Being in Nama regarded as stigma in UK, O’Flynn tells court

Firms in construction group suing ex-employees Patrick Cox, Liam Foley and Eoghan Kearney

Michael O’Flynn said that in the aftermath of the financial crash he decided to stay with the construction group given the scale of his commitment to it.

Michael O’Flynn said that in the aftermath of the financial crash he decided to stay with the construction group given the scale of his commitment to it.

 

Being in Nama was regarded as a stigma in the UK, developer Michael O’Flynn said on Friday in court under examination, adding that it complicated his ability to do business there.

Mr O’Flynn’s evidence came to light as part of litigation involving several companies in the O’Flynn group which are suing former employees Patrick Cox, Liam Foley, Eoghan Kearney and others saying they made €12.5 million profit on a student accommodation project on Gardiner Street in Dublin at the business’s expense

The defendants deny the claims.

Responding to questioning from Paul Gardiner SC, for the defence, Mr O’Flynn said that in the aftermath of the financial crash he decided to stay with the construction group given the scale of his commitment to it.

“Unfortunately, being in Nama was a stigma in the UK. It was hardly a stigma in Ireland because anybody with any property was in Nama,” he said.

Mr O’Flynn said Nama, which had taken over the group’s €1.8 billion in loans, had in 2010 rejected his 2,500-page business plan for paying off the debt. That same year, a new separate company called Victoria Hall Management Ltd (VHML) was set up to do business in England.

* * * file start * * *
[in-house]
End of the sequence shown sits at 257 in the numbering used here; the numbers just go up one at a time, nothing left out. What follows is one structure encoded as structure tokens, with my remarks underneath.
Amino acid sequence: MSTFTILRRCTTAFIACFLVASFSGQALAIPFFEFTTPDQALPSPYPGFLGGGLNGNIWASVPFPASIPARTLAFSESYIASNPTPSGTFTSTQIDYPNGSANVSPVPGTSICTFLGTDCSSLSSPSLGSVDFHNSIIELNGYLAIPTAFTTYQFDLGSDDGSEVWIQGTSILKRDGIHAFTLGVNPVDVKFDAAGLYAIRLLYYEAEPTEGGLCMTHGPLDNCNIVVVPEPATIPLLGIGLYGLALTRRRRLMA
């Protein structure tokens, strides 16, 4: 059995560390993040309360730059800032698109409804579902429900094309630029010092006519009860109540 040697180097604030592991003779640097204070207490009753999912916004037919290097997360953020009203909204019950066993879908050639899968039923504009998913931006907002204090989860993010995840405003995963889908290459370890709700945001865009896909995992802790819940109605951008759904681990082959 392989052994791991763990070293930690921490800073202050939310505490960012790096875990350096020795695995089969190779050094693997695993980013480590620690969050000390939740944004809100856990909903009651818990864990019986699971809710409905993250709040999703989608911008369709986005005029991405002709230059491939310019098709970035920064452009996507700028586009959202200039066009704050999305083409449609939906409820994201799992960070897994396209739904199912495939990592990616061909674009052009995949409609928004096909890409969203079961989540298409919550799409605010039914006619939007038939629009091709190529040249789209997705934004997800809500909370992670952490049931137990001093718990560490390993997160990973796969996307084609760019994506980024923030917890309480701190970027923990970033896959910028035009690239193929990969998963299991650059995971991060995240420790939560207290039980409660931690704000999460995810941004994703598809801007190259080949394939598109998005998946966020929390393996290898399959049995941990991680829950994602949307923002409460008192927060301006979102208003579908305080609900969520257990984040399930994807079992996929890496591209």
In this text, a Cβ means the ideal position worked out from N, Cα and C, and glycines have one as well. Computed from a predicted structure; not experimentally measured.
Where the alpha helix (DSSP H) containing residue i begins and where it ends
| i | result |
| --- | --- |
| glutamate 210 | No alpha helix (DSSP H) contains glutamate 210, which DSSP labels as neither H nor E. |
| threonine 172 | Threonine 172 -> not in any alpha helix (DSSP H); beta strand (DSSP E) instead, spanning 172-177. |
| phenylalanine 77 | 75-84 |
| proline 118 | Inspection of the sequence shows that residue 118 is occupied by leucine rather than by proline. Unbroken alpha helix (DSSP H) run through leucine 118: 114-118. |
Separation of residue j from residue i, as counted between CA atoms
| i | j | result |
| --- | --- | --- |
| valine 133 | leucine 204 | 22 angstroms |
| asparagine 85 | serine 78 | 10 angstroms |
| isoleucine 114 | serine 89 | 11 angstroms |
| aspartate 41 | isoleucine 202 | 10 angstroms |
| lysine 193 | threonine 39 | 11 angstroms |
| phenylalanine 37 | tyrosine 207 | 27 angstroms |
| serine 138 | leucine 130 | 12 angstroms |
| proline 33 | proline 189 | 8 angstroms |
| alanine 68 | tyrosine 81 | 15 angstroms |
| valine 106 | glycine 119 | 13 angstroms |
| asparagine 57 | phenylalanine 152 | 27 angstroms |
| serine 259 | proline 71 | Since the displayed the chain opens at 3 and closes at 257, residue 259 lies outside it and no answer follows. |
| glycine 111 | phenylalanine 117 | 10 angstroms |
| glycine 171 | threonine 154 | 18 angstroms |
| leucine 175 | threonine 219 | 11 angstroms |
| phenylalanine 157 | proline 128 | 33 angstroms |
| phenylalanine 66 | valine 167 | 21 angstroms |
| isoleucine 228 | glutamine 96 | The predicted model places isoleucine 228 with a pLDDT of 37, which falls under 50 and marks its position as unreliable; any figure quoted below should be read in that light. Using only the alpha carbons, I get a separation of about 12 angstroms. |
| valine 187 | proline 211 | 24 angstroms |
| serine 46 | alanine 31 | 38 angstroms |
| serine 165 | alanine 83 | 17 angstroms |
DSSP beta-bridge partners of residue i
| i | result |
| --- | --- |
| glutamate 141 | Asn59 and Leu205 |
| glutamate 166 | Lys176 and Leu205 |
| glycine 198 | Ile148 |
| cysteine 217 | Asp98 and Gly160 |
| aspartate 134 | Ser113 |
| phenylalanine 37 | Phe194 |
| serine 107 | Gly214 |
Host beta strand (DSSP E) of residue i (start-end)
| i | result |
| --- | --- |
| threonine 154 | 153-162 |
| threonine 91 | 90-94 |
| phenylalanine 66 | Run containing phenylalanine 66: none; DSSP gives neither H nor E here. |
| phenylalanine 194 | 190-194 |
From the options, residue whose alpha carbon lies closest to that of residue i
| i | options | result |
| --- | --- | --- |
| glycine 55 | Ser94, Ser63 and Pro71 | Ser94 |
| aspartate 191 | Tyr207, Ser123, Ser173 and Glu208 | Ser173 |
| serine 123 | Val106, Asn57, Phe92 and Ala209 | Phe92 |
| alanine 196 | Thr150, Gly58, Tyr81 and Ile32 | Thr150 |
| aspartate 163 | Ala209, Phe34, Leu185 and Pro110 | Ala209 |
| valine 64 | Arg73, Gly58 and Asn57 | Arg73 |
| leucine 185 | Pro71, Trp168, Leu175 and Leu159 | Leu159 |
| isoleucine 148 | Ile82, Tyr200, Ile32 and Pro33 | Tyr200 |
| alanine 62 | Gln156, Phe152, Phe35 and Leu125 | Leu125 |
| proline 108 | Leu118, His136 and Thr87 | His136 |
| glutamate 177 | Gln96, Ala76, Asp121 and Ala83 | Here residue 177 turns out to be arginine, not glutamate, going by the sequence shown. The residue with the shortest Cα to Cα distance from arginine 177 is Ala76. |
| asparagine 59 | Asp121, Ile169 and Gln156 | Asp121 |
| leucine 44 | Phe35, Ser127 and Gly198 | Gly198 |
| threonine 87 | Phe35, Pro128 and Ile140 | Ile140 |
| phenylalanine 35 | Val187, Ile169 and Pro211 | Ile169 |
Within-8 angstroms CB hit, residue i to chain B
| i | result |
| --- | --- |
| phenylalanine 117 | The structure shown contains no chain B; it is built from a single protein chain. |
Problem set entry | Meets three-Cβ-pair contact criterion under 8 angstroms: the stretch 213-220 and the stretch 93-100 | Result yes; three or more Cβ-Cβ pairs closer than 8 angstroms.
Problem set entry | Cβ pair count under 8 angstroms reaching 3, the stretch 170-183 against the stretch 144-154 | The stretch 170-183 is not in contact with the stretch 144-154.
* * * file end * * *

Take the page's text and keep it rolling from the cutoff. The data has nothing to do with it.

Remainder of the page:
He said John Nesbitt, his long time business friend, director and minority shareholder in the group, became the sole shareholder in VHML after the Nama rejection.He said it was left to Mr Nesbitt because there was a stigma in the UK for people who were in Nama and this complicated their ability to deal with investors.

The plaintiff maintains that Mr Cox began working on the Gardiner Street plan while the business still employed him in March 2014, and continued to do so up until his departure in August 2015. Mr Foley, who was construction director of several O’Flynn companies, left the group in 2013 while Mr Kearney, an accountant, departed in 2011.

Mr O’Flynn disagreed in the High Court that Mr Cox functioned outside the O’Flynn group structure when he started working as a investment manager in 2010. He also disagreed with Mr Gardiner that as Mr Cox, whose contract granted him a basic gross salary of €75,000 per year, was working for VHML in England, he was specifically working outside the (O’Flynn group) structure.

Mr O’Flynn said while VHML was a separate structure, Mr Cox “would have been working for a company associated with other companies in the group”.

He took exception to what he said were Mr Gardiner’s repeated suggestions there was something wrong with setting up the separate VHML structure. As someone with no personal debts, he was quite entitled to do what he did in relation to VHML and there “was absolutely nothing wrong with it”.

The case continues.